EAST LAKE — As a child, Jonell Gregor was always taking stuff apart and figuring out how to put it back together.
Gregor's father noticed his daughter's curiosity. When she grew old enough for middle school, he encouraged her to consider East Lake High's Academy of Engineering.
It was a good move.
Gregor, 16, is now a junior and in her third year in the program that exposes students to all types of engineering concepts. She earned a spot next month in a state competition to create codes for milling machines.
"My dad wanted me to be in the academy," Gregor said. "I really didn't know much about it. But I'm glad I did. I've learned a lot."
She hasn't decided which area of engineering to pursue, but as a result of the academy, she has decided she will become an engineer of some sort.
That's the mission of East Lake's Academy of Engineering, now in its fourth year.
"The key to getting more engineers, which we need desperately, is to turn the light on for kids and that's what the program does — it turns the light on," said Charles Puccini, president and CEO of Coastal Caisson Corp., which hires civil engineers. "Getting internships at a younger age gets them the opportunity to develop earlier instead of college when it's kind of too late."
Under the direction of Paul Wahnish, a retired engineer and now East Lake High teacher and coach, the academy was pitched to the Pinellas County School Board in 2002, and became an official academy in 2006.
With its "Project Lead the Way" curriculum, the program allows students who commit to the four-year process to gain insight about mechanical, digital, electronic, aerospace, biotech and civil engineering. Students also earn college credits.
Project Lead the Way is a national engineering and biomedical sciences curriculum.
Wahnish also established the nonprofit Career Technical Education Foundation. The nonprofit's board consists of local business executives who hire engineers. In addition to Puccini's Coastal Caisson, it includes the Nielsen Co., Honeywell and Jabil Circuit, among others.
Wahnish said the nonprofit has contributed more than $250,000 to East Lake's program.
It's the relationship between the businesses and the students that sets the East Lake model apart. The students spend six weeks each summer working at one of the companies. There are assignments with the companies during the school year.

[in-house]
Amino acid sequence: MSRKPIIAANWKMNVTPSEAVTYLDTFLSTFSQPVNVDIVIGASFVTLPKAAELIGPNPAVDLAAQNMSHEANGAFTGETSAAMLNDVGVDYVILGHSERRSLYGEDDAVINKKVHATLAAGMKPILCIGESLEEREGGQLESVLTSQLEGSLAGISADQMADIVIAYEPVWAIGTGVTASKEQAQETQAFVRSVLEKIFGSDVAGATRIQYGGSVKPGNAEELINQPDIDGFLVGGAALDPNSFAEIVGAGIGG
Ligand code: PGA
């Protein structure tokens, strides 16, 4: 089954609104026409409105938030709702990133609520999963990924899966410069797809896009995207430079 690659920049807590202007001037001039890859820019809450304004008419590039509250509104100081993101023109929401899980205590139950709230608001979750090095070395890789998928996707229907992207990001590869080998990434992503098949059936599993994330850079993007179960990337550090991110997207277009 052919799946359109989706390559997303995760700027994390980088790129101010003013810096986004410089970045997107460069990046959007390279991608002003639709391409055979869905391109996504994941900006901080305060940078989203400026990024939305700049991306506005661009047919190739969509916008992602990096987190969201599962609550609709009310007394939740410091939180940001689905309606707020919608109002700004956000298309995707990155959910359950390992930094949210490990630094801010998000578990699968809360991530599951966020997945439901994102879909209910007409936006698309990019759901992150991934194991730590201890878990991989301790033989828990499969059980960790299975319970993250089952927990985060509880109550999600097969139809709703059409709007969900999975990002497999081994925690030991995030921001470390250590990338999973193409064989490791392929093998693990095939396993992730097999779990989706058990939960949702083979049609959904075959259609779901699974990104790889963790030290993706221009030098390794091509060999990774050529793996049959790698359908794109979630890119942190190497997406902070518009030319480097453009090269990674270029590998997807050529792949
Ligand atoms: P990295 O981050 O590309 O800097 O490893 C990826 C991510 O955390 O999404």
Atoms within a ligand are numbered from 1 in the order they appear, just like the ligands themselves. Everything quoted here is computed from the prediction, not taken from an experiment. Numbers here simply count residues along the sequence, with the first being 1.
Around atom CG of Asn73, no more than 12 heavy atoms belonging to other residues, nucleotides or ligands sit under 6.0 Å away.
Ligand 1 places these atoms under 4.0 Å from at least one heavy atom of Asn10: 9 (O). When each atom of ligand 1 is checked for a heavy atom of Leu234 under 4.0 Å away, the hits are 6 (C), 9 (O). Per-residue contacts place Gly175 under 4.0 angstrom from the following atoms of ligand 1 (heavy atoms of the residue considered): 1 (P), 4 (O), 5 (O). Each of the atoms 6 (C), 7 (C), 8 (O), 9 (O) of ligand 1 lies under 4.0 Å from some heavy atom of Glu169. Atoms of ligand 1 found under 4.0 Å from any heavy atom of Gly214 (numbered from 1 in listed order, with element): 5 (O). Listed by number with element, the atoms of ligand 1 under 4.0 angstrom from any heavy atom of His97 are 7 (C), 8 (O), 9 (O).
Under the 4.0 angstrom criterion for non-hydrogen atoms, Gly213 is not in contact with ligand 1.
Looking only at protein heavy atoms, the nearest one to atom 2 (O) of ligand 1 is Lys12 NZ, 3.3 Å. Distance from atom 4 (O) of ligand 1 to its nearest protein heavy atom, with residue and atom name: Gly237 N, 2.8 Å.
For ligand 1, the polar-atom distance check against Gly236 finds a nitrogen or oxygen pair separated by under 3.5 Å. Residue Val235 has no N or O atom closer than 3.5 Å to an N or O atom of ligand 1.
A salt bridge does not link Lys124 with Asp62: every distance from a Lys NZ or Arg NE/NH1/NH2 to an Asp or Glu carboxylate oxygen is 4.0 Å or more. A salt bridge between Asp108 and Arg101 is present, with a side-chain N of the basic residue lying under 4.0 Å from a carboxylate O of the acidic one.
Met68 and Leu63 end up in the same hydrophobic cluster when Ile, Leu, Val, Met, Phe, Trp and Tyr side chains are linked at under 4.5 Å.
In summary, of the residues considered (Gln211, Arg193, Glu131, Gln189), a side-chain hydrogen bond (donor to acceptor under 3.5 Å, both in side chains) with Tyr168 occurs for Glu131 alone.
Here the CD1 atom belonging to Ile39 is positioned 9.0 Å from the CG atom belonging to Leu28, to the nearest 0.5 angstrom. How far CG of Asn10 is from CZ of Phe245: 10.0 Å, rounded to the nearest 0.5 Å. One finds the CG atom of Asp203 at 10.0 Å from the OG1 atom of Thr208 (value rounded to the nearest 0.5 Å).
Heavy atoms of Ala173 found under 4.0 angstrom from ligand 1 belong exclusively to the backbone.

Duane Hume, state supervisor for information technology education, said the East Lake program has been taken to the next level by adding the internships.
"It's out-of-the-box thinking when it comes with these types of academies," Hume said. "They are working in the engineer field while still going to school and that makes it really engaging."
East Lake's first academy consisted of 22 students. Now there are almost 500, Wahnish said. For next year, there have been 375 applications for 150 seats.
Wahnish just helped Pasco County set up a similar academy that started this school year at River Ridge High. Plans are moving forward to create an academy at Boca Ciega High.
Many of East Lake's students learn about the academy through the school's robot building team, for which Wahnish is the mentor. The club allows students to use skills they learn to build robots and other machinery.
A team recently built a T-shirt shooting machine with a recoil like a cannon. It has been used at school athletic events.
"I know a lot of people look up to the jocks and the cheerleaders, the popular people," said Bryan Gallo, 17, a senior who will attend the University of South Florida College of Engineering. "When they saw the T-shirt machine, it was really cool for people to find out that we build robots."
Jacob Paikoff always liked to build stuff as a kid. For birthdays, he often received Lego sets. In middle school, Paikoff saw Krunch, an East Lake High student-built robot, at a Lego building tournament.
This spring, Paikoff will graduated from East Lake and head to either North Carolina State, Ohio State or Georgia Tech to study mechanical engineering.
"A lot of people leave high school without knowing what they want to do," Paikoff said. "I'm leaving high school knowing that I want to be an engineer and having a lot of experience with mechanical engineering."